Does Home Dialysis Work?

Study will compare it to clinic-based dialysis for kidney failure patients

FRIDAY, March 19, 2004 (HealthDayNews) -- A two-country study will compare the effectiveness of overnight home-based dialysis to treatment in dialysis centers for people with chronic kidney failure.

The study, which will involve at least 10 clinics in the United States and Canada, will study whether six-times-a-week home dialysis at night works as well or better than three-times-a-week dialysis in a center. The study will enroll at least 150 people with chronic liver failure. Half will receive the home dialysis and half will go to a dialysis center.

All the study volunteers will be on hemodialysis, where the blood is cleaned by a kidney dialysis machine. This is the most common form of dialysis.

This is an important issue, says lead investigator Dr. Michael Rocco, a nephrologist at Wake Forest University Baptist Medical Center.

"The death rate of patients receiving chronic dialysis therapy in the United States remains unacceptably high, in the range of 15 to 20 percent per year," Rocco says in a prepared statement.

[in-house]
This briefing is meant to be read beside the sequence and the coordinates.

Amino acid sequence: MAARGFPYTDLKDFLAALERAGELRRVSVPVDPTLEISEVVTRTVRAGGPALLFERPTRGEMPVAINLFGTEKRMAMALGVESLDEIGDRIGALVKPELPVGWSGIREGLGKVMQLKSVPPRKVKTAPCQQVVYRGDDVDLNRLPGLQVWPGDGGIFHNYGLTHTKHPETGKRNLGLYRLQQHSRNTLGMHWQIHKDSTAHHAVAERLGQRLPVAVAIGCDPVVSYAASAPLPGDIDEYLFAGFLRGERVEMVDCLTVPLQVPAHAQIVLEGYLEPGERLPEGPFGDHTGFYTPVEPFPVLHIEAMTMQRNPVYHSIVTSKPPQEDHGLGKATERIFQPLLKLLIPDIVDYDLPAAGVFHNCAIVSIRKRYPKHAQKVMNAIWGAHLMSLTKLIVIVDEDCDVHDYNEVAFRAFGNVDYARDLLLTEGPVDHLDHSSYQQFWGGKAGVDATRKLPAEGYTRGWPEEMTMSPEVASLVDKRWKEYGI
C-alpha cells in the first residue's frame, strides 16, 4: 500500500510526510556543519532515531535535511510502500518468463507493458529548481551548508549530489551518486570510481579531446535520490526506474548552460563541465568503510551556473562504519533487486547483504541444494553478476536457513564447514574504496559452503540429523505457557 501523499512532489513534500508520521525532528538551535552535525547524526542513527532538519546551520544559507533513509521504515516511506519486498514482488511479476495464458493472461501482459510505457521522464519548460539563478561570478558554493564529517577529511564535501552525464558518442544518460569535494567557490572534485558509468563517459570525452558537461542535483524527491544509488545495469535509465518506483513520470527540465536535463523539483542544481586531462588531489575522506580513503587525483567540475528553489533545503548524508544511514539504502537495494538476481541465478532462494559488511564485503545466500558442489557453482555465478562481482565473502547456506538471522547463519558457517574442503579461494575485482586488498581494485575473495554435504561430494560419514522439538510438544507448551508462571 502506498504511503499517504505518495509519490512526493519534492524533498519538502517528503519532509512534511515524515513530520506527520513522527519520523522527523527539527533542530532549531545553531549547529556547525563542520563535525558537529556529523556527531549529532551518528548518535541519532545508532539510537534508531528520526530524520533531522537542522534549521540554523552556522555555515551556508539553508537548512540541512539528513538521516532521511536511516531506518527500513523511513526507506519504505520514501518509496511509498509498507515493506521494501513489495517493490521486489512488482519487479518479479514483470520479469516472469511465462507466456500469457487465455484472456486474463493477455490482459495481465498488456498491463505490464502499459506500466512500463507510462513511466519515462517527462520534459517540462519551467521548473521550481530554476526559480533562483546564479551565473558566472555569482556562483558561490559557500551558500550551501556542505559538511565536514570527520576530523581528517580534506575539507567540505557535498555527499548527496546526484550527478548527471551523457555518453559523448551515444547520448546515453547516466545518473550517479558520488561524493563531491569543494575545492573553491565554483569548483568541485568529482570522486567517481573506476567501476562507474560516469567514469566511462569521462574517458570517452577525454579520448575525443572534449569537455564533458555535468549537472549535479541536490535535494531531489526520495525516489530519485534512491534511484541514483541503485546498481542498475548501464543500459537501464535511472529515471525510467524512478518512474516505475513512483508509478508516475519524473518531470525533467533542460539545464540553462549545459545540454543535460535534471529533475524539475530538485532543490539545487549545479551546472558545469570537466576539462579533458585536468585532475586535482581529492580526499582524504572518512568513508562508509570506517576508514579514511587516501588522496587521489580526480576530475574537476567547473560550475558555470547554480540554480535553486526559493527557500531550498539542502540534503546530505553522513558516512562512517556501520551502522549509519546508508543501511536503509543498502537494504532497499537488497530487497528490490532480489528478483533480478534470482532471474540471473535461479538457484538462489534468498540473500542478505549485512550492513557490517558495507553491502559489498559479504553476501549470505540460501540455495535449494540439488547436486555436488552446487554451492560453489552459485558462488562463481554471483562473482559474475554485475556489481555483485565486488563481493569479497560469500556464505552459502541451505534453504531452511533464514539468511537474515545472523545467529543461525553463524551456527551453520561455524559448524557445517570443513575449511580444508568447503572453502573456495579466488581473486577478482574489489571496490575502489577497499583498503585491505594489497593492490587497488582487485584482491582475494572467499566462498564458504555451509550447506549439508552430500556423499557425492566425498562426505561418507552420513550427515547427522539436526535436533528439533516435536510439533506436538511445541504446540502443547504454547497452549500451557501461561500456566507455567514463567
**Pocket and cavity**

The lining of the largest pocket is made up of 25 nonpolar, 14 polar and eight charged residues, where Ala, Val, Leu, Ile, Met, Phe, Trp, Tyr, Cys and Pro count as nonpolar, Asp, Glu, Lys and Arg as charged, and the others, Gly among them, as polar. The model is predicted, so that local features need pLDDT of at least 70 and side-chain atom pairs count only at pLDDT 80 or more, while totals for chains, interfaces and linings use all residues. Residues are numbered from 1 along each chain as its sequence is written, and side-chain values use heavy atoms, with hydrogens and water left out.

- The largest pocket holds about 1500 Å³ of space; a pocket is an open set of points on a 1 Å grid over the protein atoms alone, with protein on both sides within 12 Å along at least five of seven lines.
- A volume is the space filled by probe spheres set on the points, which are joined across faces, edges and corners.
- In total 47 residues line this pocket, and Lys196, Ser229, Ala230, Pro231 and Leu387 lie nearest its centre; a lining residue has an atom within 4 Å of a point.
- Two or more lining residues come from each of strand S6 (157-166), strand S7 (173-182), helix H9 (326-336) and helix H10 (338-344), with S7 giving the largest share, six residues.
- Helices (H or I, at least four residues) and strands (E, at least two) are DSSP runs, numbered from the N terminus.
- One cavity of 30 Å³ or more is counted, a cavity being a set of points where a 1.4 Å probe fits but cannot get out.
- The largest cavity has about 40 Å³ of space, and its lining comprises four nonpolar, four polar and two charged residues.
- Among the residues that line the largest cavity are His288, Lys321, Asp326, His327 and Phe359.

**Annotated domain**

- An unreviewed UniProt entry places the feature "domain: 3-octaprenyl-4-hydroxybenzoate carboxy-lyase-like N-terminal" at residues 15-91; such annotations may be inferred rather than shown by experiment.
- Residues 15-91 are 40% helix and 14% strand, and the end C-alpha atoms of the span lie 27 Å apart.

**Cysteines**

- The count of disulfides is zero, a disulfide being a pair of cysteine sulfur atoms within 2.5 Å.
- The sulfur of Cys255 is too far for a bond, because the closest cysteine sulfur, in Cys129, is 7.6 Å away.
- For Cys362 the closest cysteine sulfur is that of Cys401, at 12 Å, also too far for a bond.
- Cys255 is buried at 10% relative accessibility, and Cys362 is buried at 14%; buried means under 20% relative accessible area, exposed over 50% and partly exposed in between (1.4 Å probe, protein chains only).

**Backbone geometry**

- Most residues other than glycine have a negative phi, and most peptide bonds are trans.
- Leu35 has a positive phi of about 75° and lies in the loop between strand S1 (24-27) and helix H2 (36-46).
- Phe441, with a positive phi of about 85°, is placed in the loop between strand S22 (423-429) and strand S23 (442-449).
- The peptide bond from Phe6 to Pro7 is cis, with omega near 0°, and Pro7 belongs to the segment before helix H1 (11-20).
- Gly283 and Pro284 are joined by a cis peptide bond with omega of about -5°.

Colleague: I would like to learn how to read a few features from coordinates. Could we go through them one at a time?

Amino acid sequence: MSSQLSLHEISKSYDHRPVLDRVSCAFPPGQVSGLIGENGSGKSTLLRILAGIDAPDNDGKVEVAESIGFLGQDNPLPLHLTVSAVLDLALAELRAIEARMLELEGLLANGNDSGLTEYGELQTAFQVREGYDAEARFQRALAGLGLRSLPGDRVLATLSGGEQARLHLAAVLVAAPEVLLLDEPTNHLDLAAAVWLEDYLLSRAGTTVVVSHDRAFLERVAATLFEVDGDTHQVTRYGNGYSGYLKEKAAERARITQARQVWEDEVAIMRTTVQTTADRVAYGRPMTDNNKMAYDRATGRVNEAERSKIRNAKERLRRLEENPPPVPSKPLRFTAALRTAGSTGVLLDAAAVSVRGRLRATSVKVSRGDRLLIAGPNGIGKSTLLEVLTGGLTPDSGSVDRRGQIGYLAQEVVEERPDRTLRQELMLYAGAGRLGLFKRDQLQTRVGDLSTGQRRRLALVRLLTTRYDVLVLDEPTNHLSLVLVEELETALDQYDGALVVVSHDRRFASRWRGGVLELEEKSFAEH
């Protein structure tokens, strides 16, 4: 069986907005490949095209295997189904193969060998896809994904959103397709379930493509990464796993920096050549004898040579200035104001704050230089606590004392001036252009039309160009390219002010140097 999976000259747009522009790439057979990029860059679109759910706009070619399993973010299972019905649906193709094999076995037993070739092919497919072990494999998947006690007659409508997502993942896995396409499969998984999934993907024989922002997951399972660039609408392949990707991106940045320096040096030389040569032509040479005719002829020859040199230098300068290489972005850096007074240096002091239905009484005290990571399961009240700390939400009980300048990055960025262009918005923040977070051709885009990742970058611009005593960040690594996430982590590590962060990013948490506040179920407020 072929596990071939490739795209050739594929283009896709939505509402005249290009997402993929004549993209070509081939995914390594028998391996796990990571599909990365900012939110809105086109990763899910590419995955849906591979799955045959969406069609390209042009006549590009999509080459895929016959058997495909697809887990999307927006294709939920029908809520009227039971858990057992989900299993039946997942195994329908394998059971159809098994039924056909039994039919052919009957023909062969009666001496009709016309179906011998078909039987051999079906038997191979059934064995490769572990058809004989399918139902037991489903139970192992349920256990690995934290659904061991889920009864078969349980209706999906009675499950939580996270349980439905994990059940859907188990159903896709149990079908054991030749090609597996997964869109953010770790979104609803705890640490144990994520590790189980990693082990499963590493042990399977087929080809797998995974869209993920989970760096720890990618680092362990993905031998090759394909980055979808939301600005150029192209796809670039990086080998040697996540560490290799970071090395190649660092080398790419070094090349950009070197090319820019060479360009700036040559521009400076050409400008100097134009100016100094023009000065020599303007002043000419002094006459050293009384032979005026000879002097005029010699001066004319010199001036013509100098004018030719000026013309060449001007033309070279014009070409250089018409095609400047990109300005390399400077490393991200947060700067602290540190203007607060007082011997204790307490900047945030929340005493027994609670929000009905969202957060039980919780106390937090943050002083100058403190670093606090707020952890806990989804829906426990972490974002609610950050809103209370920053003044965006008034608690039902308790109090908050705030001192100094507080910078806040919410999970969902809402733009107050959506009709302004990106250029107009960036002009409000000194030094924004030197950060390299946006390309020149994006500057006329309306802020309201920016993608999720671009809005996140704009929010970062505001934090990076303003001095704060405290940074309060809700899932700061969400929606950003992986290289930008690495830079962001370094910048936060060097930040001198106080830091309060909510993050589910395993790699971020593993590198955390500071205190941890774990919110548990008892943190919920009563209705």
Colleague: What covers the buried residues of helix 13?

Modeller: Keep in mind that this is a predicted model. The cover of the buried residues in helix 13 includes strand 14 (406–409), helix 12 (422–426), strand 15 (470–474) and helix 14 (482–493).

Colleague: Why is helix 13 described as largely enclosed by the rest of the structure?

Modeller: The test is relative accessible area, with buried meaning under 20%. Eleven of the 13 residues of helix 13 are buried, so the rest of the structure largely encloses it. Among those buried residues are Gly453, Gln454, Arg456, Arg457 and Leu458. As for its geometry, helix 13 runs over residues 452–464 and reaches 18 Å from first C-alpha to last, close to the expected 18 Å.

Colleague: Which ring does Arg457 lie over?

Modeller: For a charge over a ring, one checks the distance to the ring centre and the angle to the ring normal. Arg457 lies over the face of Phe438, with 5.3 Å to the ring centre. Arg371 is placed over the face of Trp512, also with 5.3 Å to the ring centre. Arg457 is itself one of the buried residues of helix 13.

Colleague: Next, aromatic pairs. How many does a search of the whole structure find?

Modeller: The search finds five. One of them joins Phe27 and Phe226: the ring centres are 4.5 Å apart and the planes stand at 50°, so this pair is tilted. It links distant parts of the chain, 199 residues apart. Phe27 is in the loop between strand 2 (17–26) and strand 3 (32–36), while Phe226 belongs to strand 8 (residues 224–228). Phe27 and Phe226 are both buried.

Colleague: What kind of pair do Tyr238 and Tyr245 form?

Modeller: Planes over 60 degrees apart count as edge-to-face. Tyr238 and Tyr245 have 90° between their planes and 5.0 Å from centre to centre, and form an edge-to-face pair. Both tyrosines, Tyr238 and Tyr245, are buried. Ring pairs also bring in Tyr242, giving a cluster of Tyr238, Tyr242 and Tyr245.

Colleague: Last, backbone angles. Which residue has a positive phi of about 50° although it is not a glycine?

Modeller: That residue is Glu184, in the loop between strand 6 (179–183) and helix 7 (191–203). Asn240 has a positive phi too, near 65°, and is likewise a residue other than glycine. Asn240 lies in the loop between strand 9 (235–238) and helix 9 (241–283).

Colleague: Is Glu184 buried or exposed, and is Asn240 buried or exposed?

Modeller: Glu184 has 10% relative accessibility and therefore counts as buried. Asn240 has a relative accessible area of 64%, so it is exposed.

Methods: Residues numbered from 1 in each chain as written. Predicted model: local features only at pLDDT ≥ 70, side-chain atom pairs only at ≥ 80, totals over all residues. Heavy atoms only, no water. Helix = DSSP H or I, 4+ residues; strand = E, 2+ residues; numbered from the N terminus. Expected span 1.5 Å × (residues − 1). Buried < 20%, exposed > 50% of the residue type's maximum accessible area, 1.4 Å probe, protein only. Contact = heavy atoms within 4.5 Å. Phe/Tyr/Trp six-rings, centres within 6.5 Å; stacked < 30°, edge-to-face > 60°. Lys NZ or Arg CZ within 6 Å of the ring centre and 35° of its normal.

He says there are a number of important differences between overnight home dialysis and standard clinic-based dialysis. At home, patients receive dialysis six times a week instead of three times per week. That means they have less buildup of toxins that are ordinarily removed by healthy kidneys.

When it's done at home, patients are on dialysis for six to nine hours overnight compared with three to five hours at a dialysis center.

"The result of this longer time on dialysis is that the dose or intensity of the home dialysis is two to three times greater than the dose provided by standard in-center dialysis," Rocco says.

He and his colleagues will study whether this higher dose of dialysis will improve patients' blood pressure, blood counts, diet, quality of life and time they spend in hospital.

The study, which received a $3.3 million grant from the U.S. National Institutes of Health, will start accepting patients in the fall of 2004.

More information

The U.S. National Institute of Diabetes and Digestive and Kidney Diseases has more about hemodialysis.

SOURCE: Wake Forest University School of Medicine, news release, March 2004
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